Art. 3. The property of a trade or a commercial mark is acquired by registration in the register kept for that purpose, and the filing of two copies of the said mark.

Art. 4. The Executive Power will prescribe necessary regulations for the formalities of the registration and of the filing, and determine the bureau where the same are to be effected.

Art. 5. The ownership of a trade or commercial mark is not acquired except for a term of fifteen years, but this registration can be renewed indefinitely for ten years at a time thereafter.

Art. 6. For the renewal of a trade or commercial mark, a declaration by the proprietor made to the competent bureau within thirty days following the expiration of the term of protection will be sufficient. After the passing of this term, the right acquired will be forfeited."

Art. 7. The property acquired by the registration and filing of a trade or commercial mark, confers solely the right to the use of that mark, but never the exclusive right to manufacture or sell the product or article to which it is applied.

Art. 8. For frauds committed against the property of trade and commercial marks, will be jointly and severally responsible, unless they prove their innocence, the person for the account of whom the fraud has been committed, the authors of the counterfeiting, and the importers and retailers of the object or product counterfeited.

Art. 9. Frauds committed against the property of trude or commercial marks will be punished according to Article 496, Section 3, of the pedal code.

Art. 10. Trade or commercial marks cannot be obtained for the manufacture or sale of illicit products or articles.

Art. 11. It is forbidden to make use in marks, of designs, engravings or cuts, contrary to good morals.

Art. 12. The coat of arms of the Republic, and the National flag, cannot be utilized for trade or commercial marks.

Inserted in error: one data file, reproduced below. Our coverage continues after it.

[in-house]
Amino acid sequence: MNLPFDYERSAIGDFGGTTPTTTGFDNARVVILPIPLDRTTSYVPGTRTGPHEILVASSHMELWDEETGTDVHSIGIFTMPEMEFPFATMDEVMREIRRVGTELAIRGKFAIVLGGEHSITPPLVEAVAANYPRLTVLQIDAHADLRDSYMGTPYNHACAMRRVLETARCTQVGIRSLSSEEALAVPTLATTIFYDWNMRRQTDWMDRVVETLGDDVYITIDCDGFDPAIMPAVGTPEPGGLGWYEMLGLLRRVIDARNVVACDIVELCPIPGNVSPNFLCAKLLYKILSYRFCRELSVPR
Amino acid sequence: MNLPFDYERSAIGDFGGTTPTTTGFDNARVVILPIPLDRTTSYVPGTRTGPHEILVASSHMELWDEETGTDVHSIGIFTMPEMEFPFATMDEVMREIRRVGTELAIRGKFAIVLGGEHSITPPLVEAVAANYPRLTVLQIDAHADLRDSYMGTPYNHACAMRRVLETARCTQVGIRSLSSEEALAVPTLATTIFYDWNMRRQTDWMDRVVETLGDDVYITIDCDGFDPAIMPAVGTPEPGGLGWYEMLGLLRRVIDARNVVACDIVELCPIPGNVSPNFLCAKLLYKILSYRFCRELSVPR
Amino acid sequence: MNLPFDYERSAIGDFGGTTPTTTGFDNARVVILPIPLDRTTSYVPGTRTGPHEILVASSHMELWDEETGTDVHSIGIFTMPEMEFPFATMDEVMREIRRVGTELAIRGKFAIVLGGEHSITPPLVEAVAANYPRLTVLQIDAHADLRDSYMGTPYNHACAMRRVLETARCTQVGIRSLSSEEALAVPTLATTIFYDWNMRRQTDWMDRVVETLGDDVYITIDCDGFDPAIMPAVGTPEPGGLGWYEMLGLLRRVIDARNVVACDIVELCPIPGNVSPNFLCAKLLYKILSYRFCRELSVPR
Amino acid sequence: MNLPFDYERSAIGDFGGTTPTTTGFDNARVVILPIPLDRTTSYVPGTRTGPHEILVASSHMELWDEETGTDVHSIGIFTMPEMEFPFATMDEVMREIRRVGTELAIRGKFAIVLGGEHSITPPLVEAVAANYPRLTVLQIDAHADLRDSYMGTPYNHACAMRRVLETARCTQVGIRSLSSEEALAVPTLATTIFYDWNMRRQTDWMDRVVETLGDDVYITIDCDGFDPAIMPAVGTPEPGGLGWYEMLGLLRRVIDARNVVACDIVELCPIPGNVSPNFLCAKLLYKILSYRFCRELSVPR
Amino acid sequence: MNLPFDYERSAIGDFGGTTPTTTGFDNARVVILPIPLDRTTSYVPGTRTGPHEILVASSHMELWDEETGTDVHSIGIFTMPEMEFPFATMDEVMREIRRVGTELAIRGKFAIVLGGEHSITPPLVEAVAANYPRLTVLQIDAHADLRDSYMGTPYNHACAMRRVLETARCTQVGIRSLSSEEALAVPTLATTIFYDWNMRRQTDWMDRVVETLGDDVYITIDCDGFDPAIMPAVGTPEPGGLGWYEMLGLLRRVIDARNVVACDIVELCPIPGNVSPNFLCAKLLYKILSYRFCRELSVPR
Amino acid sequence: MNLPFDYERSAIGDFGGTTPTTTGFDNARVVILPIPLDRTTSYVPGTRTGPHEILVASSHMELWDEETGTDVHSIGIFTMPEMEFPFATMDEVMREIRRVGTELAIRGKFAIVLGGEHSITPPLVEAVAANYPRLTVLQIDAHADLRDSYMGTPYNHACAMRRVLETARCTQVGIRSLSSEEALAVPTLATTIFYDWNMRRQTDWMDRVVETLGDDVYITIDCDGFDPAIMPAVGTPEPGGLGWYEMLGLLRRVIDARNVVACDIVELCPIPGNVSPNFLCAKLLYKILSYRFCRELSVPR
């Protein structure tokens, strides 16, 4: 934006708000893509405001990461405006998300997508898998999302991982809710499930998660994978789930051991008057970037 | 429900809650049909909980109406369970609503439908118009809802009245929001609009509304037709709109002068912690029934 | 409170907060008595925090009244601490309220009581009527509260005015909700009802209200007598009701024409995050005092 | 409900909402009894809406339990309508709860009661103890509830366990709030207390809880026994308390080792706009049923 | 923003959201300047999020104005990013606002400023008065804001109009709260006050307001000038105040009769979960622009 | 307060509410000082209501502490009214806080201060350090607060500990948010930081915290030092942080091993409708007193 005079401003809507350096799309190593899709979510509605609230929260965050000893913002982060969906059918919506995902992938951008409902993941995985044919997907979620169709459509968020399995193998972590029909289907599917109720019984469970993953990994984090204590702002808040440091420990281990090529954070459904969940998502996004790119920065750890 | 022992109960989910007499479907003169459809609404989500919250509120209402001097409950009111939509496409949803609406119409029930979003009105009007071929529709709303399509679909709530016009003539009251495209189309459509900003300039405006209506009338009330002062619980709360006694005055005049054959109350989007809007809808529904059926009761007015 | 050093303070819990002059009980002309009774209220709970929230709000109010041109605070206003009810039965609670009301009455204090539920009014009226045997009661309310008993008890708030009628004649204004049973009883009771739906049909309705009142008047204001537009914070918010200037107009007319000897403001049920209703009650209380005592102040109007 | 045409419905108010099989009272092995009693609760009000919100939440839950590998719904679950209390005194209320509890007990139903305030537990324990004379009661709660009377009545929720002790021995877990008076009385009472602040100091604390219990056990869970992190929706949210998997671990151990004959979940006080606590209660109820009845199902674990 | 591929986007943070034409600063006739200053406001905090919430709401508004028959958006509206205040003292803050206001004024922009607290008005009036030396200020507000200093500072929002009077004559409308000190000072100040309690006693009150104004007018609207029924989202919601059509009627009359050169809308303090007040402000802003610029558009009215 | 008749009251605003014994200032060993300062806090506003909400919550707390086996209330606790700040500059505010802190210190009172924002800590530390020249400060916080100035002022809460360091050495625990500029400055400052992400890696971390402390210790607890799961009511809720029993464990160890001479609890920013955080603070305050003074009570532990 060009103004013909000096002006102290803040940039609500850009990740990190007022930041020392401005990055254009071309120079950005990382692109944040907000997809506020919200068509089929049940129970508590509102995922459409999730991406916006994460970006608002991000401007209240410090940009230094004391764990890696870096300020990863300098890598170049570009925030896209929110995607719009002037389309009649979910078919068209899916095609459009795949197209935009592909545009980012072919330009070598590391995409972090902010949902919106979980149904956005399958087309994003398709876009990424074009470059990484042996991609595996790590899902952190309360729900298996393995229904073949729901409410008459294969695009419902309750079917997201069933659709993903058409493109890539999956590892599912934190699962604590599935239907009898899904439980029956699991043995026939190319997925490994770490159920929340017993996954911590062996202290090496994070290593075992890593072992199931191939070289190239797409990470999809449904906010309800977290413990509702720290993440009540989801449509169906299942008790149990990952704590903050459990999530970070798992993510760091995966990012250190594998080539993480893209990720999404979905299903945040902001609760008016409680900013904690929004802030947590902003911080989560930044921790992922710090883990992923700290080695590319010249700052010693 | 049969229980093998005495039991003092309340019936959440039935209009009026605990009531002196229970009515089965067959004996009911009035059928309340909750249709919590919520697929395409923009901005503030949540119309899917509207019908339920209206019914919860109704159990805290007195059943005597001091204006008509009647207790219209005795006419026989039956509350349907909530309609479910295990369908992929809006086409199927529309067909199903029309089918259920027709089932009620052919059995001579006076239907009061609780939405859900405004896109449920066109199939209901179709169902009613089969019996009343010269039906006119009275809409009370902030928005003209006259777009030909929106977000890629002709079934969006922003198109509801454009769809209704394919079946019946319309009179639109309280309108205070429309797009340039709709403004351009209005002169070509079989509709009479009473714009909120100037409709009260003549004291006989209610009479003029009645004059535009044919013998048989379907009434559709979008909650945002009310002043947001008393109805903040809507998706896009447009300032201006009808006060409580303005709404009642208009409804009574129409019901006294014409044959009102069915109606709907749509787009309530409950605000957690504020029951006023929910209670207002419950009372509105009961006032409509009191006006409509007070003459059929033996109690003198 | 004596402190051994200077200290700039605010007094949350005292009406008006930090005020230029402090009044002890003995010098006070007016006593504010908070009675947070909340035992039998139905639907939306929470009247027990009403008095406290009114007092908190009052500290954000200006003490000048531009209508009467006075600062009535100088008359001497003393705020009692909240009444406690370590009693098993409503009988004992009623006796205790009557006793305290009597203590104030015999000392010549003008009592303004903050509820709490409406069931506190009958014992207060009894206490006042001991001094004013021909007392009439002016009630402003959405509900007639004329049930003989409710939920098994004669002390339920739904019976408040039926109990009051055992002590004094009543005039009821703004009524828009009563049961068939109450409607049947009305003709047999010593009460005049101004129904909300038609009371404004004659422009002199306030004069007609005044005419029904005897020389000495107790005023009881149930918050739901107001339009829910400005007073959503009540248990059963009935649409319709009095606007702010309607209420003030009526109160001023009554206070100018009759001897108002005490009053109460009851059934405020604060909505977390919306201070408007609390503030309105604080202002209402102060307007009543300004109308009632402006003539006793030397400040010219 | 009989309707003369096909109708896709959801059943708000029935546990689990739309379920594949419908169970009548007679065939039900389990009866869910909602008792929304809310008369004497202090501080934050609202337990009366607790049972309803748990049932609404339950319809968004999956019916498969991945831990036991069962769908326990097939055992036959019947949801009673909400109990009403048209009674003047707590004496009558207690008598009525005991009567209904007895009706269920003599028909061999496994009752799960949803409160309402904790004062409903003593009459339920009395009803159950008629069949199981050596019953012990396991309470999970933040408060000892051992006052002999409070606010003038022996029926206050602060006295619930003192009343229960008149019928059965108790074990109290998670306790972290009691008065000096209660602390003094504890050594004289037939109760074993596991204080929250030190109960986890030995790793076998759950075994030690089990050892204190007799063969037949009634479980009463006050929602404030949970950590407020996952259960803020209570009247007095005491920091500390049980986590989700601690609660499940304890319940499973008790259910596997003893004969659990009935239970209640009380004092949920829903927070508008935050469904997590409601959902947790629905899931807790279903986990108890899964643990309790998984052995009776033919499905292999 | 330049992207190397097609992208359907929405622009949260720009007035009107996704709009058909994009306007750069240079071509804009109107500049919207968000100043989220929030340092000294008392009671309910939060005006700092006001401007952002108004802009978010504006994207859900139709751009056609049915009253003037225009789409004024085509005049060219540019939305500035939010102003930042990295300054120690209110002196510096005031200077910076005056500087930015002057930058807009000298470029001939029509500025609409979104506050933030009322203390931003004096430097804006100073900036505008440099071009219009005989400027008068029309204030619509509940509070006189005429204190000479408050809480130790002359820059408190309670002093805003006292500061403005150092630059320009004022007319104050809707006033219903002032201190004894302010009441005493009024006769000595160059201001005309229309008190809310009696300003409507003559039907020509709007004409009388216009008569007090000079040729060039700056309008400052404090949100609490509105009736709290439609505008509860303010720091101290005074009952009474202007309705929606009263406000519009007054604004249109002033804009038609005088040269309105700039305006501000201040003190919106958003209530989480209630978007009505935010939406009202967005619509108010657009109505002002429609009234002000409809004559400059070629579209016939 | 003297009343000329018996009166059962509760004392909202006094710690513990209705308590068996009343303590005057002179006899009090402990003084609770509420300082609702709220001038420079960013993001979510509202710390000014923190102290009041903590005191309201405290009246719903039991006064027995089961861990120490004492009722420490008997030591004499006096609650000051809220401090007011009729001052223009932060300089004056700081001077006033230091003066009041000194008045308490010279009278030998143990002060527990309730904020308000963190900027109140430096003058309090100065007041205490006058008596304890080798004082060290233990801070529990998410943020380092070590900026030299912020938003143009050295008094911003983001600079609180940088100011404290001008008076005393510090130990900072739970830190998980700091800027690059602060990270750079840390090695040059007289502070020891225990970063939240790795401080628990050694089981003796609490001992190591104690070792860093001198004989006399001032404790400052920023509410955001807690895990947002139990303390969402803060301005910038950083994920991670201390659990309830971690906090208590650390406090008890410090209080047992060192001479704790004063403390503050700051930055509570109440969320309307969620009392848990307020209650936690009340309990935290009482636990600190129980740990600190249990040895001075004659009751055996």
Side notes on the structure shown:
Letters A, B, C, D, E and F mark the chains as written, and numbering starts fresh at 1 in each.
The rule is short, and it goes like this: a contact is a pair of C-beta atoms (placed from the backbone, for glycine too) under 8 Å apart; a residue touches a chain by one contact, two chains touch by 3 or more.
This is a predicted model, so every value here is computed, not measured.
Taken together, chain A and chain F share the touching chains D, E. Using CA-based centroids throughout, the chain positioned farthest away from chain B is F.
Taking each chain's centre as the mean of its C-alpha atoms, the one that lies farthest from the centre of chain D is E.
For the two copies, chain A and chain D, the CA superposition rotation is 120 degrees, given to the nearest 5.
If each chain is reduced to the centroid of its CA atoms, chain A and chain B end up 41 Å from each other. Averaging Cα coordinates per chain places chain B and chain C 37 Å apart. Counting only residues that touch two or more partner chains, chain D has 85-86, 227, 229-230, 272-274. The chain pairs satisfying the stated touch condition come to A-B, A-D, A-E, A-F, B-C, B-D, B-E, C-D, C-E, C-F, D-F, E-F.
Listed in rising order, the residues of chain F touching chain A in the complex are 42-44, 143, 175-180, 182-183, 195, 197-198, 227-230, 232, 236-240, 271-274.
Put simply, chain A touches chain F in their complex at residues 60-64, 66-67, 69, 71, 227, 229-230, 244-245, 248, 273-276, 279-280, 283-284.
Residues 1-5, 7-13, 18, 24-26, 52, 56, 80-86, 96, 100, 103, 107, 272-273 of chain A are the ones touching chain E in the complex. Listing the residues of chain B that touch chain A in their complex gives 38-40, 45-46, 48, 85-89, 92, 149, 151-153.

TO THE EXECUTIVE POWER:
Given in the Hall of the Sessions of Congress, at the National Palace, San José, May 22, 1894.

PEDRO LEON PAEZ.
VICTOR OROZCO,

JUAN R. LIZANO,
NATIONAL PALACE, San José, May 22, 1896.

The above law is to be executed.

RAFAEL IGLESIAS.
The Secretary of State in charge of Finances and Commerce. Ricardo Montealegre.

NOTICE.
Please note for future use, should occasion arise, that our Mr. William Evarts
Richards has been appointed :

Consul, at New York, of the Republic of Paraguay ;
Commissioner of the Supreme Court of Newfoundland;
Commissioner of the Supreme Court of the Cape of Good Hope.

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We compute foreign currencies as follows: £1 = $4.87; 1 Franc = 19 3-10 cents ;

1 Mark = 23 8-10 cents.

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Apply a little gum to this edge and paste no alto face page yo of the Third Edition of our Generat information relating to patents and Trade Marks

NOTE.-The information on page 90 of our book, so far as it relates to Bolivia (trade marks), is hereby cancelled, and the following substituted in lieu thereof.

The registration of trade marks bas been provided for by the law of November 25, 1893. Our charge for obtaining registration is now as follows:

FEES.
Trade Mark, application for registration...

$65 00
Taxes (payable annually), including government and agency
fees ..

12 50
Assignment, preparing and recording.

45 00 DOCUMENTS REQUIRED. 1. Power of Attorney, signed by the applicant, and legalized by a Bolivian Consul. 2. Six Fac-similes of the mark.

3. Description of the mark and of the manner of its employment. The full name, address and occupation of the proprietor should be stated. 4. Wood Cut or electrotype of the mark.

LAW AND PRACTICE, The term of protection is practically unlimited, as the mark may be retained upon the register so long as the yearly taxes are duly paid. If by accident or mistake an annual tax is not paid within the prescribed time, the protection may be renewed by effecting a re-registration, provided that in the interval the mark has not been registered by another person.

There are no restrictions as to the citizenship or nationality of registrants.